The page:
Qatar promises perfect conditions for players
Leaders of the Qatari bid to host the 2022 World Cup offered reassurance on Wednesday that scorching summer temperatures would not be a problem thanks to air-conditioned stadiums.
The lack of travelling would also help, representatives said on the eve of Thursday's vote, when Qatar's compact bid will be up against Australia, South Korea, the United States and Japan.
"To produce their best, players need the best conditions," said former Mexico, United States, China, Nigeria and Costa Rica coach Bora Milutinovic. "There's nothing better than to play, train and relax in the same place."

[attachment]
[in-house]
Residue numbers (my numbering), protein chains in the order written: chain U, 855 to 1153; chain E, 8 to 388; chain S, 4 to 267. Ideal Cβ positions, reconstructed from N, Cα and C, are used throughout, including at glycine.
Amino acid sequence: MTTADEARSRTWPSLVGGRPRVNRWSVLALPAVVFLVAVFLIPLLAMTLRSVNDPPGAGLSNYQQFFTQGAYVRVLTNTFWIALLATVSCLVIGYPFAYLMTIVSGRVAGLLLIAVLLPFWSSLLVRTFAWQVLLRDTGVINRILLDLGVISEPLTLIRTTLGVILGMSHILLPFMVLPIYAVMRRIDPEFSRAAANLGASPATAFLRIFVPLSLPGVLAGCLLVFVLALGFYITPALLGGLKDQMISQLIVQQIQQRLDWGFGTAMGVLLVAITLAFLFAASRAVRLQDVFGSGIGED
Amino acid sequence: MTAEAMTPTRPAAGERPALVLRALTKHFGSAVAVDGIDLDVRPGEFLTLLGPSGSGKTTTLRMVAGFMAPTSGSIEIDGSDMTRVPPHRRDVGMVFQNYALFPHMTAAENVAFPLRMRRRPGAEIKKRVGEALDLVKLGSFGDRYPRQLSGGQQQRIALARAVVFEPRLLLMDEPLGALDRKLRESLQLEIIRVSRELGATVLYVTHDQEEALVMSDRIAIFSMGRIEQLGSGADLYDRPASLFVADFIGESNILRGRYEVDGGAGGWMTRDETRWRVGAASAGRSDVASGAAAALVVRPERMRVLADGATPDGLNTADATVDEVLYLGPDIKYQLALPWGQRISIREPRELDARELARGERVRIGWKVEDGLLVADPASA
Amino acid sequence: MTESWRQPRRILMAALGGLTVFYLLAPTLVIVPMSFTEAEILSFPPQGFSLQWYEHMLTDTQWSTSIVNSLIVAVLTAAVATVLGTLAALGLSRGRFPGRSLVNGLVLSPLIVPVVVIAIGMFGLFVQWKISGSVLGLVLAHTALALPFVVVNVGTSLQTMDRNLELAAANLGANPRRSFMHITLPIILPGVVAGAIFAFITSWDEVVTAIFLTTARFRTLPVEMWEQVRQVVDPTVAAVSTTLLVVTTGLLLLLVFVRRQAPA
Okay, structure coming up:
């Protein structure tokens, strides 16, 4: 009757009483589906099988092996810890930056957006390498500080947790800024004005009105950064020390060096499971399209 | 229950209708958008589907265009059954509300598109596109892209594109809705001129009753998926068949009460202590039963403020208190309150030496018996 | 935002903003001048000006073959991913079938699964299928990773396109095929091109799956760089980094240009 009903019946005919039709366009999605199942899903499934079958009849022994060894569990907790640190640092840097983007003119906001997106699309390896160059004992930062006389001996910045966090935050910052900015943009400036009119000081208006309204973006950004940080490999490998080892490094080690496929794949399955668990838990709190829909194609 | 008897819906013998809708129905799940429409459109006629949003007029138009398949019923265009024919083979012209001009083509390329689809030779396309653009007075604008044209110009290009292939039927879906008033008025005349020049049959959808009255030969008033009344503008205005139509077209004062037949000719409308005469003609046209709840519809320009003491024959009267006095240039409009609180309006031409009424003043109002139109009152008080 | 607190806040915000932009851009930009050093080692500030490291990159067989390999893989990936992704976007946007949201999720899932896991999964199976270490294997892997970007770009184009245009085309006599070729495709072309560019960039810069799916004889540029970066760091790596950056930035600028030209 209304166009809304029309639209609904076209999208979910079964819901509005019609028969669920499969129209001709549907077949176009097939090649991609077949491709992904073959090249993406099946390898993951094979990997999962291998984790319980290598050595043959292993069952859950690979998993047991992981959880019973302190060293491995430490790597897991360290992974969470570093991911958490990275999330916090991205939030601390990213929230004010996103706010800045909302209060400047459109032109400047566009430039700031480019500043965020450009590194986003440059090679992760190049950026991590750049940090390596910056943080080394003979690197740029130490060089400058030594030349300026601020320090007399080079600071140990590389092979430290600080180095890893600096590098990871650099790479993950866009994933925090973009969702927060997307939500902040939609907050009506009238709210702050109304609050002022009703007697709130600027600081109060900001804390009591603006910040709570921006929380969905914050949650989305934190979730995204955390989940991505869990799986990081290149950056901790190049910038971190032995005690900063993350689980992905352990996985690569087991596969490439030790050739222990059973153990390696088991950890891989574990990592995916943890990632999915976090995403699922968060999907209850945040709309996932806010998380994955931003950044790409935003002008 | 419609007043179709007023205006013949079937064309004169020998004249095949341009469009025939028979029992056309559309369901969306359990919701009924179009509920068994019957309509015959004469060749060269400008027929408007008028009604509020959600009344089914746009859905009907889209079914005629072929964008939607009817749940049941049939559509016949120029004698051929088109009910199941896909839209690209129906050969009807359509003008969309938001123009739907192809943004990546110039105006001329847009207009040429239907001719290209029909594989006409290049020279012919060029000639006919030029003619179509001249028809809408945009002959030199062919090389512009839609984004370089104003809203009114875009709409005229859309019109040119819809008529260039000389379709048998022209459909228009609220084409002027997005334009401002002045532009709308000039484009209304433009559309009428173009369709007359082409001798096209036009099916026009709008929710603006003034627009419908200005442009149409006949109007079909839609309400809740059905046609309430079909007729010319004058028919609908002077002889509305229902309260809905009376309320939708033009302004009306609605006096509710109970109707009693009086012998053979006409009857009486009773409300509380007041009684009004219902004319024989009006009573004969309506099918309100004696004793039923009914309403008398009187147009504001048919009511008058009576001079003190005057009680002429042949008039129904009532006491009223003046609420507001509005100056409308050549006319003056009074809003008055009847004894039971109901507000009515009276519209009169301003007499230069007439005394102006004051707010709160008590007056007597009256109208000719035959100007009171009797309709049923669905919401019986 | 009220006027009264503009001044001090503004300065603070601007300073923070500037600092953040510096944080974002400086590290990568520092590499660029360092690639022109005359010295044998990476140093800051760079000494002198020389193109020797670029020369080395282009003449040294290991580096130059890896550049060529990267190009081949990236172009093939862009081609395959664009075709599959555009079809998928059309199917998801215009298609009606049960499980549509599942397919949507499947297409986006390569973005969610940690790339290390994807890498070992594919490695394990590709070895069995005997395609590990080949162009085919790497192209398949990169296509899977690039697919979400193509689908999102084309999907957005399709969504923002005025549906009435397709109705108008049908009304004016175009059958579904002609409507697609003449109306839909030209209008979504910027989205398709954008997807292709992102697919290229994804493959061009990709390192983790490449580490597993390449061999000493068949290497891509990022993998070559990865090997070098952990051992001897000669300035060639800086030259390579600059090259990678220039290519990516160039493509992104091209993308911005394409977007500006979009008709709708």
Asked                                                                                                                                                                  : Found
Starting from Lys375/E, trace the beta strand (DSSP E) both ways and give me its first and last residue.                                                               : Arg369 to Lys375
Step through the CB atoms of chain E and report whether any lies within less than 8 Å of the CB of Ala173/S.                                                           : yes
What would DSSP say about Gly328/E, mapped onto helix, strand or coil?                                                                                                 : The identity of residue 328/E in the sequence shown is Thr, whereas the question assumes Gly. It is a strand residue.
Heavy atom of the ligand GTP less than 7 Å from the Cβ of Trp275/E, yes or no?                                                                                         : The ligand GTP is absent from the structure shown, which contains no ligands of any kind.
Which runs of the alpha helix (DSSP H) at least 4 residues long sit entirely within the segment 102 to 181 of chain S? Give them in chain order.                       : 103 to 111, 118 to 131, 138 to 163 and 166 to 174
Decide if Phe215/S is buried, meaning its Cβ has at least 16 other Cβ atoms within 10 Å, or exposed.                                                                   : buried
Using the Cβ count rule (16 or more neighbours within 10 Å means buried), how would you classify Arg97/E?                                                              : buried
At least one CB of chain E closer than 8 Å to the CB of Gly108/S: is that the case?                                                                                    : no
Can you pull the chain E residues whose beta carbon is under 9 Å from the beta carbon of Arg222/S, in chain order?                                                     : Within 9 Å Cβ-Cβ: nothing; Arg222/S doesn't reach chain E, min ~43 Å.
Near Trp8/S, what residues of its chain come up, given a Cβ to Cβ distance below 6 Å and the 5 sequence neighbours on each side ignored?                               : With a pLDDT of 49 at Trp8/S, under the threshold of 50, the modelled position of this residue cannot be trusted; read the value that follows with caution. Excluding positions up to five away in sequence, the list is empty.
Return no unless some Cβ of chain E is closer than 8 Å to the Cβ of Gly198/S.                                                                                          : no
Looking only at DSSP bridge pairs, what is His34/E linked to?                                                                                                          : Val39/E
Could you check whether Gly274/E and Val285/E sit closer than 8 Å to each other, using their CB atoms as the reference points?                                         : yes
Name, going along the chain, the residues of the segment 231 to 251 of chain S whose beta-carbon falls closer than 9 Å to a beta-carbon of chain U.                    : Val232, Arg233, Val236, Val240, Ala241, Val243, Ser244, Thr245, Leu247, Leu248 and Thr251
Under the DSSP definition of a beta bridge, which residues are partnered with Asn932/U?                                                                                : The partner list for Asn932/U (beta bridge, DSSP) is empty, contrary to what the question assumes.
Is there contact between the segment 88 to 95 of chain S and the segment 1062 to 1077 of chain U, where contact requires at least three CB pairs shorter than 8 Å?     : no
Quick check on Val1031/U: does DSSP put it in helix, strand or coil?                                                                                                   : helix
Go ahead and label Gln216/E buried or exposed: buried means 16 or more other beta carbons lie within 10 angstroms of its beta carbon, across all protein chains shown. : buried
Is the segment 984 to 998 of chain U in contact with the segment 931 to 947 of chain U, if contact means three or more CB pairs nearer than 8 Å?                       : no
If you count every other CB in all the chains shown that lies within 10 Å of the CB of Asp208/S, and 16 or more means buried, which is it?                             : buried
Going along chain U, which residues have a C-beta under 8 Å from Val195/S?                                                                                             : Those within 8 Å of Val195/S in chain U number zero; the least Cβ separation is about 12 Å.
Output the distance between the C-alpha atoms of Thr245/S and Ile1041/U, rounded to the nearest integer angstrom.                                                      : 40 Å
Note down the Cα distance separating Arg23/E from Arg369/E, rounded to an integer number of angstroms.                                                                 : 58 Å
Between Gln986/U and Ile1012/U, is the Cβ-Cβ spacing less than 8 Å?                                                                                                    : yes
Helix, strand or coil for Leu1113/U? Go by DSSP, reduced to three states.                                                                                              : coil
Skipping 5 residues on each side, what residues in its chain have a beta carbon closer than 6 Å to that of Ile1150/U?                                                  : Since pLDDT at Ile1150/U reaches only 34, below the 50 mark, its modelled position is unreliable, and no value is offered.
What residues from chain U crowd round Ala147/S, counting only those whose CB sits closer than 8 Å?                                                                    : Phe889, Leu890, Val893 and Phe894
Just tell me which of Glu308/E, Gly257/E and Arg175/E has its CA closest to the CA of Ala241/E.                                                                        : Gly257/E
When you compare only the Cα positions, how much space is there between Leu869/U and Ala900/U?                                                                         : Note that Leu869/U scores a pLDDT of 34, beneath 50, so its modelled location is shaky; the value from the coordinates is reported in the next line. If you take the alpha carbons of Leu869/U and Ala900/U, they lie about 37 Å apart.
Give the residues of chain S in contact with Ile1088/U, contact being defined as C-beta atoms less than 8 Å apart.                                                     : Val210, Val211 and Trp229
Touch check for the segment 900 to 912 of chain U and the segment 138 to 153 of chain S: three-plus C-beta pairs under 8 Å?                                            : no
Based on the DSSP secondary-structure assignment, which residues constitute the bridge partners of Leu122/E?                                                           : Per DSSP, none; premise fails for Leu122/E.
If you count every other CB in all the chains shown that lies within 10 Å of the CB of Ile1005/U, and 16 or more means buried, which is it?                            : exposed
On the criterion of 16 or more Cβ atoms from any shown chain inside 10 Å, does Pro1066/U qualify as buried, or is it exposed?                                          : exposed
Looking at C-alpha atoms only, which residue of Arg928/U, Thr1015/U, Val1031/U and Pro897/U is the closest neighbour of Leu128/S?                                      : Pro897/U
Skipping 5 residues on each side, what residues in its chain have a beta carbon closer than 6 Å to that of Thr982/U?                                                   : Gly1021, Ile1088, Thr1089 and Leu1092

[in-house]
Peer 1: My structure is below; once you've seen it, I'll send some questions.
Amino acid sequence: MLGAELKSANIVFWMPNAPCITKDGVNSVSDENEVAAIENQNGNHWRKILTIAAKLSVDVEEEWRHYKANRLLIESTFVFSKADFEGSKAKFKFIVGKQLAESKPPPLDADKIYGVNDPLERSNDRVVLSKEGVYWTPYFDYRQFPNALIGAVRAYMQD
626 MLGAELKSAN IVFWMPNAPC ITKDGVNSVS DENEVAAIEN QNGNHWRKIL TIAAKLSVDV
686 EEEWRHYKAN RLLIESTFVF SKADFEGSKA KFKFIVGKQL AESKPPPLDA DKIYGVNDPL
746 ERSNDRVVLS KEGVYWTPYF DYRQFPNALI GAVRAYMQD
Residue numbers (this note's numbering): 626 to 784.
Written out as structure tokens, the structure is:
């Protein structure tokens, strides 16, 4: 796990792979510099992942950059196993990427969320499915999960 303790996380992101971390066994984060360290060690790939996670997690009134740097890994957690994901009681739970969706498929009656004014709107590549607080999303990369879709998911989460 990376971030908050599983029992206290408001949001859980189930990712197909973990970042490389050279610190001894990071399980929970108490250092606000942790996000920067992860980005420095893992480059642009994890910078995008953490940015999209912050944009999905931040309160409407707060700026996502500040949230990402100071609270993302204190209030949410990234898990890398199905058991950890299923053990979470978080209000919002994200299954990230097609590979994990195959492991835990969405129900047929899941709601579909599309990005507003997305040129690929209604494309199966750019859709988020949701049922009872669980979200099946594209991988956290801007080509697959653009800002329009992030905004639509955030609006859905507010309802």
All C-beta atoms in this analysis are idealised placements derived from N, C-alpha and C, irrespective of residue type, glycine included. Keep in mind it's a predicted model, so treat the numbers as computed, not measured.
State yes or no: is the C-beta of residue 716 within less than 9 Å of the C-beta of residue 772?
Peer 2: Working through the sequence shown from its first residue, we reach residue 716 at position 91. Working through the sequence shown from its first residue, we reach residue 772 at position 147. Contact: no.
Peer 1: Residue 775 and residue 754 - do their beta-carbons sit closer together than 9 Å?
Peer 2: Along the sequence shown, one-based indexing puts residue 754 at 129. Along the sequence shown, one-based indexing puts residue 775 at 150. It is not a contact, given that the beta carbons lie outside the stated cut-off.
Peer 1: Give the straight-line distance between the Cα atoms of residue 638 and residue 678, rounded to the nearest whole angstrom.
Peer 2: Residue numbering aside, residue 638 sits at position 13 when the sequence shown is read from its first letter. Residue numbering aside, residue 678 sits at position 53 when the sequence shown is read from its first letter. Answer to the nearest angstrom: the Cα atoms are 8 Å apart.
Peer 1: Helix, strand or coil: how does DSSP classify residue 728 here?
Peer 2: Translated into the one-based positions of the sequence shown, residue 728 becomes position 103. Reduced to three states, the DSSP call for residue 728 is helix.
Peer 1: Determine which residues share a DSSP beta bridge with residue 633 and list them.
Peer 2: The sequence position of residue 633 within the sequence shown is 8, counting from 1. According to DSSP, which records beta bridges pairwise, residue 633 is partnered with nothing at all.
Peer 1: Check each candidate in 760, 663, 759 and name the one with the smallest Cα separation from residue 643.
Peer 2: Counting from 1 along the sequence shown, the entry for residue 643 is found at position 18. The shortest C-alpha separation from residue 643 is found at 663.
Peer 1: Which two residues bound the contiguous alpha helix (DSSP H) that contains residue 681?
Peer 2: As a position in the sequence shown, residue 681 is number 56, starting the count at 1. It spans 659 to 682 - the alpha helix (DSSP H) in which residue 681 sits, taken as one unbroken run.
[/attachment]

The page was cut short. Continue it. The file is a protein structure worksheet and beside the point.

"The long distances reduce the standard of matches by tiredness. In Qatar it is not necessary to travel. Conditions are ideal for the players to produce their best effort."
Hassan Al-Thawadi, CEO of the Qatar bid, said air conditioned stadiums would protect fans and players from the blistering heat and would also help football in other countries with high temperatures.
"All our stadiums, training sites and fan zones will be at 27 degrees Celsius, all solar-powered and 100 percent carbon neutral," he said. "The application for this technology goes far beyond stadiums.
"Heat will not be an issue whatever the climate and we want this to be a global lasting legacy," he said, adding that the stadiums could be dismantled and transported for use by poorer nations after the tournament.